Restored and rededicated: ‘Life is Sharing the Same Park Bench’ mural in downtown Cleveland
The iconic mural was last retouched in 1993
CLEVELAND, Ohio (WOIO) - For more than five decades, the stark black, white and brown of the mural at East 9th Street and Rockwell Avenue in downtown Cleveland has drawn people to the location.
“I remember as a teenager and then as a person working downtown, coming to this park on my lunch break and just being so inspired. Because looking up and seeing art and a brown face like mine was not something you saw every day,” Jeremy Johnson, Executive Director for Assembly for the Arts, said.
Created in 1969 by the late John F. Morell, the “Life is Sharing the Same Park Bench” mural was commissioned by Cleveland Mayor Carl Stokes, the first African American mayor of a major U.S. city.
But for years, the mural needed retouching. It was last retouched in 1993.
Now, thanks to non-profit, LAND studio, the mural finally received one.
Restoration was recently completed by Alan Giberson of the Old Soul Sign Co. The paint and special anti-graffiti protectant for the mural were donated by Sherwin Williams.
Tara Turner of LAND studio told 19 News it’s important to preserve Morell’s work and his contribution to history.
“He was a rather prolific Cleveland public artist at the time and he did quite a few murals. This is the last one that hasn’t been painted over or the building razed,” she said.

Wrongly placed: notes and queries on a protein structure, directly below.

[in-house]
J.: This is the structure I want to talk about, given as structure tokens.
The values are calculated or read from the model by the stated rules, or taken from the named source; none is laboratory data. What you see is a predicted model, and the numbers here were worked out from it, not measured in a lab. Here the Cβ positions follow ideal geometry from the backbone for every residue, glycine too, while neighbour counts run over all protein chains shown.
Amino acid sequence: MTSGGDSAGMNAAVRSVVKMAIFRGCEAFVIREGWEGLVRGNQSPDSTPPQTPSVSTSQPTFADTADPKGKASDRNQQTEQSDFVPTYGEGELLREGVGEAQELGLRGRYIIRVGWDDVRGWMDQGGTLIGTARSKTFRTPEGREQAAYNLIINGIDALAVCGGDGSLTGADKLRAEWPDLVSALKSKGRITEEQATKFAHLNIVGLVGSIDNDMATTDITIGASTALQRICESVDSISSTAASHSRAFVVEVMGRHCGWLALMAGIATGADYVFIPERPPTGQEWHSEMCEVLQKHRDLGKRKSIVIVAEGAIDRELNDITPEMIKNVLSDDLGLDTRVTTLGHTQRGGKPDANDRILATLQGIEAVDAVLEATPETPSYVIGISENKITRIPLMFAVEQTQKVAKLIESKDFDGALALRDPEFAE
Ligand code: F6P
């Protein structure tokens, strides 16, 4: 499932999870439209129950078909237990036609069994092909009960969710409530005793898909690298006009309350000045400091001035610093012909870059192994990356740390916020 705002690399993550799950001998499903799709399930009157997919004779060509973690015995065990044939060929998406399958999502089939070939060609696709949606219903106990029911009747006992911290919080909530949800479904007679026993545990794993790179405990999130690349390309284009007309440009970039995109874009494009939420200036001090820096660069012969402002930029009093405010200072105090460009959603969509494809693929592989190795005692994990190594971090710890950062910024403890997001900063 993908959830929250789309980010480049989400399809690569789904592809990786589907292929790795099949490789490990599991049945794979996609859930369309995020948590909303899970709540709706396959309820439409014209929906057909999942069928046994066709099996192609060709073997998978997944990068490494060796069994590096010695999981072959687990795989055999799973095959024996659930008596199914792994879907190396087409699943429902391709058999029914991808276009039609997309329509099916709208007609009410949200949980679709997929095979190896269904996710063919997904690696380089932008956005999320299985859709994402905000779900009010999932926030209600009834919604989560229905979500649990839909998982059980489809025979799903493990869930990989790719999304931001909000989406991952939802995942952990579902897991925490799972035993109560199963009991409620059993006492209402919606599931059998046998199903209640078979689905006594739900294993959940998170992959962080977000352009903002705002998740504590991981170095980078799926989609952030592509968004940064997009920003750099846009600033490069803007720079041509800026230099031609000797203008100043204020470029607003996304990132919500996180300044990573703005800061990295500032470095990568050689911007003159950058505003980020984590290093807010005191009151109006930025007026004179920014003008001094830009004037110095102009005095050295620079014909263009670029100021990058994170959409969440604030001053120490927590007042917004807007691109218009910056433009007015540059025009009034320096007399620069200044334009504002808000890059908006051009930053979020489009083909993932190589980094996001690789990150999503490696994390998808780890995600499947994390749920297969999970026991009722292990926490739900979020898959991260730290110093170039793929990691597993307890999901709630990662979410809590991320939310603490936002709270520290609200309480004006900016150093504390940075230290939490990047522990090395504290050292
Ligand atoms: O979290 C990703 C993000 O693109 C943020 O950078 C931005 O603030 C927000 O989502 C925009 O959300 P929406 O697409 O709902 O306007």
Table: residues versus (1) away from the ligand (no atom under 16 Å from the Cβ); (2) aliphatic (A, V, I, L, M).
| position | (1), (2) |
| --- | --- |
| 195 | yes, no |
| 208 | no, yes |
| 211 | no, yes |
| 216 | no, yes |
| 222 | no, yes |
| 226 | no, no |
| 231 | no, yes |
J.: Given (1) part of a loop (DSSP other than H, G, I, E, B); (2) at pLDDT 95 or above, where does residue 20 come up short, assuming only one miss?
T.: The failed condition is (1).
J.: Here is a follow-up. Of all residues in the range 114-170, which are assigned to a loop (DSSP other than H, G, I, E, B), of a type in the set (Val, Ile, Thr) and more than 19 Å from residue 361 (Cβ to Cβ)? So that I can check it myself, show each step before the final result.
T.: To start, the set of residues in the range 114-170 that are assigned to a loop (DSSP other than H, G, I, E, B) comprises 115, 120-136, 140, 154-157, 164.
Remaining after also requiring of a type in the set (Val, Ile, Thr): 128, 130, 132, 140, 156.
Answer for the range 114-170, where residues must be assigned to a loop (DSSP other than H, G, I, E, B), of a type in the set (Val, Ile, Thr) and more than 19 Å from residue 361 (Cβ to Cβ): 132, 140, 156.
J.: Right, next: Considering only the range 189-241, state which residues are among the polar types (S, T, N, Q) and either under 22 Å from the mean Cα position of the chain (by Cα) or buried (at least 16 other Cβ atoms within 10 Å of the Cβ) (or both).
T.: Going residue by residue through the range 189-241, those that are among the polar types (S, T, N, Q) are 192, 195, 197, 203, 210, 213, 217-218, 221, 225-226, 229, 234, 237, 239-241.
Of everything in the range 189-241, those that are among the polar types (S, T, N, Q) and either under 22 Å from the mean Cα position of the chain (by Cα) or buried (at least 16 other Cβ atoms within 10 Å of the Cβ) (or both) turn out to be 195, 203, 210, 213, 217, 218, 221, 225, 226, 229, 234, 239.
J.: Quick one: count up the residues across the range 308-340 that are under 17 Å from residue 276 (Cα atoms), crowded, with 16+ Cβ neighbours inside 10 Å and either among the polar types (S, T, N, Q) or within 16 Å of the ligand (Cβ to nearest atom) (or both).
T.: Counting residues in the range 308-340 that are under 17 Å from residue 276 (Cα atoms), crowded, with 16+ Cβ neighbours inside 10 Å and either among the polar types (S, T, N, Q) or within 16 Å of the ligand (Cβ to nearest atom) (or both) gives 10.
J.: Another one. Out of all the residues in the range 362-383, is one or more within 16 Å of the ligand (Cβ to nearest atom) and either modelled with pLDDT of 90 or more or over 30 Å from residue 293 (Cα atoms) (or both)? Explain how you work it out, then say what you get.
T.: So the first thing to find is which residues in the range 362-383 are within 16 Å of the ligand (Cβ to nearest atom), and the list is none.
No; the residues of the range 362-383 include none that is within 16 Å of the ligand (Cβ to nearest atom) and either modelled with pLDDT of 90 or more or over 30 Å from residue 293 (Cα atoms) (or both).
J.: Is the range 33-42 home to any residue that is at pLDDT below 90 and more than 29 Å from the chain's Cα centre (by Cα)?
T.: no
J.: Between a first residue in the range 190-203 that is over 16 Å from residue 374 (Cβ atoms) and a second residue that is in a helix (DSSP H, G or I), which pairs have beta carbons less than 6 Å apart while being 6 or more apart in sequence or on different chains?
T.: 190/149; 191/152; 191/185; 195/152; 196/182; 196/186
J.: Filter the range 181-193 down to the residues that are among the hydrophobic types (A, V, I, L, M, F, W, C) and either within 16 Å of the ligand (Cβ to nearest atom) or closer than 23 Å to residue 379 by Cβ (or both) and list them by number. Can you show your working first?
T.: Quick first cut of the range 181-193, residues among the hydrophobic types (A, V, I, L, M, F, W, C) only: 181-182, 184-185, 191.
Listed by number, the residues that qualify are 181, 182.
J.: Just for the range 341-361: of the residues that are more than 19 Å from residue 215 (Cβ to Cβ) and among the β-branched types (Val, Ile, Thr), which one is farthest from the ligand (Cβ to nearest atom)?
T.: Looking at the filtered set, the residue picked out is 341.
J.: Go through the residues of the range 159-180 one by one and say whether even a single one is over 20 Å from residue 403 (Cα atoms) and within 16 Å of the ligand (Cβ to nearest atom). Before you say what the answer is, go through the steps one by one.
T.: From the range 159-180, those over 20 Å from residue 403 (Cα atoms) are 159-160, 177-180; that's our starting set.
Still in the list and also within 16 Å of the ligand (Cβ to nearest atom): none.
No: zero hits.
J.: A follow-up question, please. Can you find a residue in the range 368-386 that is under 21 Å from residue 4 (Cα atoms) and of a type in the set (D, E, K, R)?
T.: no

Saturday afternoon, dozens gathered for a rededication ceremony, as African drummers greeted them.
LAND studio also installed four new park benches throughout the space.
Some of Morell family members attended the ceremony and were grateful to see this day.
“I envision my dad, sitting on one of these park benches sharing his views and engaging any passerby,” Katy Panasiewicz, his daughter, said. ”You’re thrown into what you’re thrown into, you really have very little control, just like you have no choice with who you sit next to on a park bench. You can only choose your reaction.”
“To have public art like this that sends a message in 2021 about us coming together, Black and white, young and old,” Johnson said. “I’m so glad this mural has been restored.”
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